A recent prosecution in the UK illustrates how product safety regulators in Europe are increasingly willing to use criminal enforcement powers to punish product safety breaches and ensure a high standard of protection for consumers.
Mamas & Papas had entered into a contract with Jeenay (a distributor) for the supply of “Mercury”-branded car seats for children aged 4 and under, which were sold in Argos between January 2013 and April 2016. Unfortunately, it was discovered that the seats could crack and allow too much head movement, potentially leading to injury. Following a three year investigation by Milton Keynes Trading Standards, Mamas & Papas and Jeenay Ltd pleaded guilty to supplying unsafe child car seats under the General Product Safety Regulations.
At the hearing, His Honour Judge Rochford commented:
“By October 2015 Christine Mitchell was well aware of safety issues and chose not to act upon them properly. She was wholly indifferent to whether seats were safe in terms of the R44 regime but also in terms of the safety of children. She was content for corners to be cut.”
“As for Mamas & Papas they entrusted Christine Mitchell and assumed R44 to be watertight but systems were not in place or operating properly and their failures have led to unsafe products being placed on the market.”
Following the guilty plea, Mamas & Papas were fined £20,000 and, ordered to pay £50,000 in costs. The sole director of Jeenay, Christine Mitchell, received a 12 week custodial sentence.
Unusually, the judge also made confiscation orders under Part 2 of the Proceeds of Crime Act 2002, to account for the profits made from the supply of unsafe products. Mamas & Papas were subject to an order for £275,000, and Jeenay for £236,850.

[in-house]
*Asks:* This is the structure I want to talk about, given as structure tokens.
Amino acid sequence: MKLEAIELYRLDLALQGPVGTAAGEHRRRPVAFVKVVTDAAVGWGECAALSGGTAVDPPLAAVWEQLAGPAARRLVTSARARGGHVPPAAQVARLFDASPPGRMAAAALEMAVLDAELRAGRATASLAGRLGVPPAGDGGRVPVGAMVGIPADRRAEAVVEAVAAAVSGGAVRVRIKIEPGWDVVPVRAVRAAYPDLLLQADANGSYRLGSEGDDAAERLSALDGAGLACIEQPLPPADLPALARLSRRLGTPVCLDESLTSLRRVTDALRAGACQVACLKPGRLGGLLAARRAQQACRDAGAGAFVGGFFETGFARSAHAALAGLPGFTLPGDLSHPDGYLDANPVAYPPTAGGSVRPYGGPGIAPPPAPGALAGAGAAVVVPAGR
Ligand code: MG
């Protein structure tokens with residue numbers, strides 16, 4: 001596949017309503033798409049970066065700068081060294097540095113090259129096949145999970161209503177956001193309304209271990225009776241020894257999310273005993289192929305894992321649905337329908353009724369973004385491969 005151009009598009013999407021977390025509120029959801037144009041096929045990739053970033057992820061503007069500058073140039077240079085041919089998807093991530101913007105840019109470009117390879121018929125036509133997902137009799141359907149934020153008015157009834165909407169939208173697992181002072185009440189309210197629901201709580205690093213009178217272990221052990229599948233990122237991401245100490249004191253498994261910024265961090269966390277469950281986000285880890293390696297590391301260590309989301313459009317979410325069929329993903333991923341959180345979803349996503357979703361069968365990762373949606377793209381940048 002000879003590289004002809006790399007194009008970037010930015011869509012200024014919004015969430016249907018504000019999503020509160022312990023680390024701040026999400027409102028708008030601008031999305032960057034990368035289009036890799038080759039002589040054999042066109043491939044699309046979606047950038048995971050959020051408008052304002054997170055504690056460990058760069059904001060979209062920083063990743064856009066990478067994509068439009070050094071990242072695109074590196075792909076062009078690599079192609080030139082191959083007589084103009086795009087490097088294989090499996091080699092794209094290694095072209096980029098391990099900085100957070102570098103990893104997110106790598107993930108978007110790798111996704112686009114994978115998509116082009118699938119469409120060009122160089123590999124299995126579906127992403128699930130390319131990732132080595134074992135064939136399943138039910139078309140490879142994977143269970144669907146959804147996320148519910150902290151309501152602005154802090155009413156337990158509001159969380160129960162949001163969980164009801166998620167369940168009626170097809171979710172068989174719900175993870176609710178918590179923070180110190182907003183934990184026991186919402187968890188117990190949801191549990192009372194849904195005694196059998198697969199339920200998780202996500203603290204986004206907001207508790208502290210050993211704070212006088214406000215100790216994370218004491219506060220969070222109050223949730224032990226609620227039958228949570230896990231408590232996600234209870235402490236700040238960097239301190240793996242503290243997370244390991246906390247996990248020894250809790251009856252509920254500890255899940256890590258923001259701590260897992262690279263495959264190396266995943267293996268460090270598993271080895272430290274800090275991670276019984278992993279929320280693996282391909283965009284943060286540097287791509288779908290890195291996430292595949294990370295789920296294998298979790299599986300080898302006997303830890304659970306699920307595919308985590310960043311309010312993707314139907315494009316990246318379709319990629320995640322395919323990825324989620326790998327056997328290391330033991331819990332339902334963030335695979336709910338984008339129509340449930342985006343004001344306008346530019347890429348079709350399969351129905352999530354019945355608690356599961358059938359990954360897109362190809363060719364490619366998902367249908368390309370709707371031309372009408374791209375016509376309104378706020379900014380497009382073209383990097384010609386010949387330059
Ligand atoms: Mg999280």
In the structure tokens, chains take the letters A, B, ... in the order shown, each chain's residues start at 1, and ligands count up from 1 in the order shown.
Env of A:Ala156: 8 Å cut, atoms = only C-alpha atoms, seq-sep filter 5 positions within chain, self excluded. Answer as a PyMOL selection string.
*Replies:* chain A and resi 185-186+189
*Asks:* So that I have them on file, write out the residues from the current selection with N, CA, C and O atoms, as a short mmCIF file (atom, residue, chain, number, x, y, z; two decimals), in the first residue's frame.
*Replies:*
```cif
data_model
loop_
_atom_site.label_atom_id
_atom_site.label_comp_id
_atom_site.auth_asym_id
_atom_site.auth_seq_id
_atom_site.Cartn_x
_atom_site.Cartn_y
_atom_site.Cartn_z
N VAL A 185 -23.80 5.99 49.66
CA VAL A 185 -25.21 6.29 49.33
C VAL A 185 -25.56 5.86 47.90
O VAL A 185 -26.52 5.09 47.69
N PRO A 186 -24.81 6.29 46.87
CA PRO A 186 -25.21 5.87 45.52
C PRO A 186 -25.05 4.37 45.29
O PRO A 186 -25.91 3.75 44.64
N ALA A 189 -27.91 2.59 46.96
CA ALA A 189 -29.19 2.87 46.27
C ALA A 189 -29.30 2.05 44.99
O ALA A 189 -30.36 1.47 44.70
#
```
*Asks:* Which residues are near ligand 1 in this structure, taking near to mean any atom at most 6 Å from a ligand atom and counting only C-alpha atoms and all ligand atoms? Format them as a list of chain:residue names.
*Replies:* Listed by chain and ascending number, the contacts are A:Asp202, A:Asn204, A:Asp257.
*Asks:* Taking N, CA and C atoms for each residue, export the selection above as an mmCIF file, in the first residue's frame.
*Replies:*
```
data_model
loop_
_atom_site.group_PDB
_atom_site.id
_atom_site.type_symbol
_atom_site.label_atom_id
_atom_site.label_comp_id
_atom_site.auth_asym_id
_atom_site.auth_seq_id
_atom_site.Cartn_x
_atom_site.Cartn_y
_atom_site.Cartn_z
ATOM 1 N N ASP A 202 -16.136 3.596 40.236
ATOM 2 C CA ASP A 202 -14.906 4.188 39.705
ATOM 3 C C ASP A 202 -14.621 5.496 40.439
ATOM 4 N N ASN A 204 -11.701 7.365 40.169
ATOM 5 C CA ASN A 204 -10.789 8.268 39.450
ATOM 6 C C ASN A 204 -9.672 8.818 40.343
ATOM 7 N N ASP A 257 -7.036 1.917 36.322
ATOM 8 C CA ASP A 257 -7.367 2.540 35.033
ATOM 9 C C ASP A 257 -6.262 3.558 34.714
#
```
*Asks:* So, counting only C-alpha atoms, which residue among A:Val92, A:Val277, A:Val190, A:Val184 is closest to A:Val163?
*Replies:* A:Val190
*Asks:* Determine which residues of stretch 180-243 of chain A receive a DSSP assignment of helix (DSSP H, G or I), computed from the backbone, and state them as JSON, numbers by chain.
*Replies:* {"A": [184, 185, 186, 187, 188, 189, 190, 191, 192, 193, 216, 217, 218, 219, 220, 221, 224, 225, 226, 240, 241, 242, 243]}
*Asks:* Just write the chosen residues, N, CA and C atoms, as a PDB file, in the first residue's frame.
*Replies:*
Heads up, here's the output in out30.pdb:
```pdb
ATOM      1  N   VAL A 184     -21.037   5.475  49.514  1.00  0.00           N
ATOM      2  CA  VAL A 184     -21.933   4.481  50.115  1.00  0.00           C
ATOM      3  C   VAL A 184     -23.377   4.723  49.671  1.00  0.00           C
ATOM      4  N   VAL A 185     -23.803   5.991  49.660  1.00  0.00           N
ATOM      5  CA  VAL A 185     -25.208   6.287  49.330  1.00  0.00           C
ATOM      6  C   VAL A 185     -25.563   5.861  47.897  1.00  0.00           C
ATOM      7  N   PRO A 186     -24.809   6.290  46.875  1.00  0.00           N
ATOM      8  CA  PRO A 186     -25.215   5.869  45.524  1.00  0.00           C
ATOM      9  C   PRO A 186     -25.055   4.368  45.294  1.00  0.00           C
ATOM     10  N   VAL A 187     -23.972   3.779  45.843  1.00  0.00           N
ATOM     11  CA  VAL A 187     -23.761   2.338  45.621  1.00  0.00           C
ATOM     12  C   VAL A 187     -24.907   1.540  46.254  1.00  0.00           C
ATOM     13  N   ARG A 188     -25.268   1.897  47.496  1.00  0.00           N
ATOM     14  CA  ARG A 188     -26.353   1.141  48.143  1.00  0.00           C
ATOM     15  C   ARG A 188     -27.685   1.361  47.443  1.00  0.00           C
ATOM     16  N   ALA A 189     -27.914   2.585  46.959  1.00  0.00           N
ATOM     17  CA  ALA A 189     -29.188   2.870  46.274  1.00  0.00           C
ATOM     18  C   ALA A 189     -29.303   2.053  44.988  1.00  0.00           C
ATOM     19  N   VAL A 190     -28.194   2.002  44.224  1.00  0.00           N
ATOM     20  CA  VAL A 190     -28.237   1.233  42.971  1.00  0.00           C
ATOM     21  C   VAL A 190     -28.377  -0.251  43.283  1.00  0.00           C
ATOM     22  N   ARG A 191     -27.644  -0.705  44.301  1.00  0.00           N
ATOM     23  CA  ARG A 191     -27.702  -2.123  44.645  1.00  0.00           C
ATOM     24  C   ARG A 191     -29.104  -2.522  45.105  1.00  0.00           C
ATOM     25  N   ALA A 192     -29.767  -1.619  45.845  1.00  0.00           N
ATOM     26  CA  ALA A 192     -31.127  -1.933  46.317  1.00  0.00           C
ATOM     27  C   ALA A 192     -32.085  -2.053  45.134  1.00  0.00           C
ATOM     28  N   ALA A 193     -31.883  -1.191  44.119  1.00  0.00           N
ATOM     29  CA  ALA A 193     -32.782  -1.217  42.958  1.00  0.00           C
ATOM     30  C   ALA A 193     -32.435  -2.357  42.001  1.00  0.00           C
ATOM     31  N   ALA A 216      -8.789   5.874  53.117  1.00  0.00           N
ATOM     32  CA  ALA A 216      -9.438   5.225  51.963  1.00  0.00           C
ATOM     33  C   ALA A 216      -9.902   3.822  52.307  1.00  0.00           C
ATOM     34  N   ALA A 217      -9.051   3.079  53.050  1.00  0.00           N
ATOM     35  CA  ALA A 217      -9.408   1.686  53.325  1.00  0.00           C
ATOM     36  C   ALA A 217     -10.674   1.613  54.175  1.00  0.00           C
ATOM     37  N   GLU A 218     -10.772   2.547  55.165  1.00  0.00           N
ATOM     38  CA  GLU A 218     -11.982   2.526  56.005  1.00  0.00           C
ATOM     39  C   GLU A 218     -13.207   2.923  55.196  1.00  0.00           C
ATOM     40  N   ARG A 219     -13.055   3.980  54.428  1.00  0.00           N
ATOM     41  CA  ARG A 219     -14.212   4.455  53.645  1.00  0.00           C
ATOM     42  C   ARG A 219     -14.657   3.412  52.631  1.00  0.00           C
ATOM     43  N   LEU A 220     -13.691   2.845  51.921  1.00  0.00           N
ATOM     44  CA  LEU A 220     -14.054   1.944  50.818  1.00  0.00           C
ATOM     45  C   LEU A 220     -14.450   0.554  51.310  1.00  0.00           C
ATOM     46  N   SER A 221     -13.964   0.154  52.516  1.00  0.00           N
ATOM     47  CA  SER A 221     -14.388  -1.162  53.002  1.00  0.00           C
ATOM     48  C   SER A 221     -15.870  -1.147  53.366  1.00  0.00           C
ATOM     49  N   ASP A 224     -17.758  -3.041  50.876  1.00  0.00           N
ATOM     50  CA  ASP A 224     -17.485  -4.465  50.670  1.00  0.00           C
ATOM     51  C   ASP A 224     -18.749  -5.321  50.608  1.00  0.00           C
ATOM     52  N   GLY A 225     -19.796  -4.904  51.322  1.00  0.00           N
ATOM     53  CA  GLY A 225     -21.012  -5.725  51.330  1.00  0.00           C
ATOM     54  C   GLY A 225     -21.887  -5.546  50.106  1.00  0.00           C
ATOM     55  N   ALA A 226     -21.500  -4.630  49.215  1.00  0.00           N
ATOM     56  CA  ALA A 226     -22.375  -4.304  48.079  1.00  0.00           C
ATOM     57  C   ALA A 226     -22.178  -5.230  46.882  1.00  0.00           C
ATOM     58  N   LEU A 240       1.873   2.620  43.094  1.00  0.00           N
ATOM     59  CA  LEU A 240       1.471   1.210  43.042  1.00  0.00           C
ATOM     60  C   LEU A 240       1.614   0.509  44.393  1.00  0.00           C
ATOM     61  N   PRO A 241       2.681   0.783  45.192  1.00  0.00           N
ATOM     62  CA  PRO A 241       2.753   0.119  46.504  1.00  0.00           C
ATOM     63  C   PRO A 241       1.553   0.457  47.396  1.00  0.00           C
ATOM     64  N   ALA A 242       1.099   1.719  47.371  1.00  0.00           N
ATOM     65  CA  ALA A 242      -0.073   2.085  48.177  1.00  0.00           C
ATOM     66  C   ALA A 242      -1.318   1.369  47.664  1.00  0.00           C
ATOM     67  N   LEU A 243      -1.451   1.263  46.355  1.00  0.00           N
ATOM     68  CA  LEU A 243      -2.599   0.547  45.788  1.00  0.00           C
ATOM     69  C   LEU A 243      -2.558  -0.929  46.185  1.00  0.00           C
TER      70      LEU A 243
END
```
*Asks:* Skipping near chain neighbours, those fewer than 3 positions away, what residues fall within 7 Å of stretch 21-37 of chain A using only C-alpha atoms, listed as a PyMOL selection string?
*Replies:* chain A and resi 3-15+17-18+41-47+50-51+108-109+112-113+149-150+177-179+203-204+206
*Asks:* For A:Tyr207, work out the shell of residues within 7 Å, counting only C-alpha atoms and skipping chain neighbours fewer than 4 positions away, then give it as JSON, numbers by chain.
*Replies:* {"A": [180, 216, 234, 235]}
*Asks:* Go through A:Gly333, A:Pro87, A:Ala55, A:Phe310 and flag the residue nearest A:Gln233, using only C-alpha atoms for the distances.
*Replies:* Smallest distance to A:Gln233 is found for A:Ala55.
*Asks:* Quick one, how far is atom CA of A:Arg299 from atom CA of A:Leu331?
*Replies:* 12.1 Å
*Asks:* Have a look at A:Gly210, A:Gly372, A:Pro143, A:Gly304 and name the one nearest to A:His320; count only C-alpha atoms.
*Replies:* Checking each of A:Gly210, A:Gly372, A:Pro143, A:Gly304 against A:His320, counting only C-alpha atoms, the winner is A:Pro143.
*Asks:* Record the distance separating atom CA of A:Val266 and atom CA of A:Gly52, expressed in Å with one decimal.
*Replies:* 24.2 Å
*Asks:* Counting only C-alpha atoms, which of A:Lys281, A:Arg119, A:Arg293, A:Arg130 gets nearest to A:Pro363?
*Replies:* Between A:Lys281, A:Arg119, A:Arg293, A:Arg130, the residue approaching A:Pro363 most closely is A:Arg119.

The car seats have since been recalled, and no harm to consumers has been reported.
The use in this case of the criminal law, imposition of criminal sanctions, including a custodial sentence for one defendant, and the application of the Proceeds of Crime Act are unprecedented and marks a significant extension of the enforcement approach of product safety authorities.
In this case, there was no suggestion that the conduct of Mamas & Papas was deliberate. The Judge blamed failures in their internal systems. Product Manufacturers will be concerned that a sanction that was designed to recover the proceeds of crime gained during the course of criminal activity is being used in this way.
This is part of a trend that we are seeing around the world, with enforcement agencies becoming more active in the field of product safety, and the threat of significant sanctions becoming ever-greater.
For more information on the case, please see Milton Keynes Trading Standards’ press release here.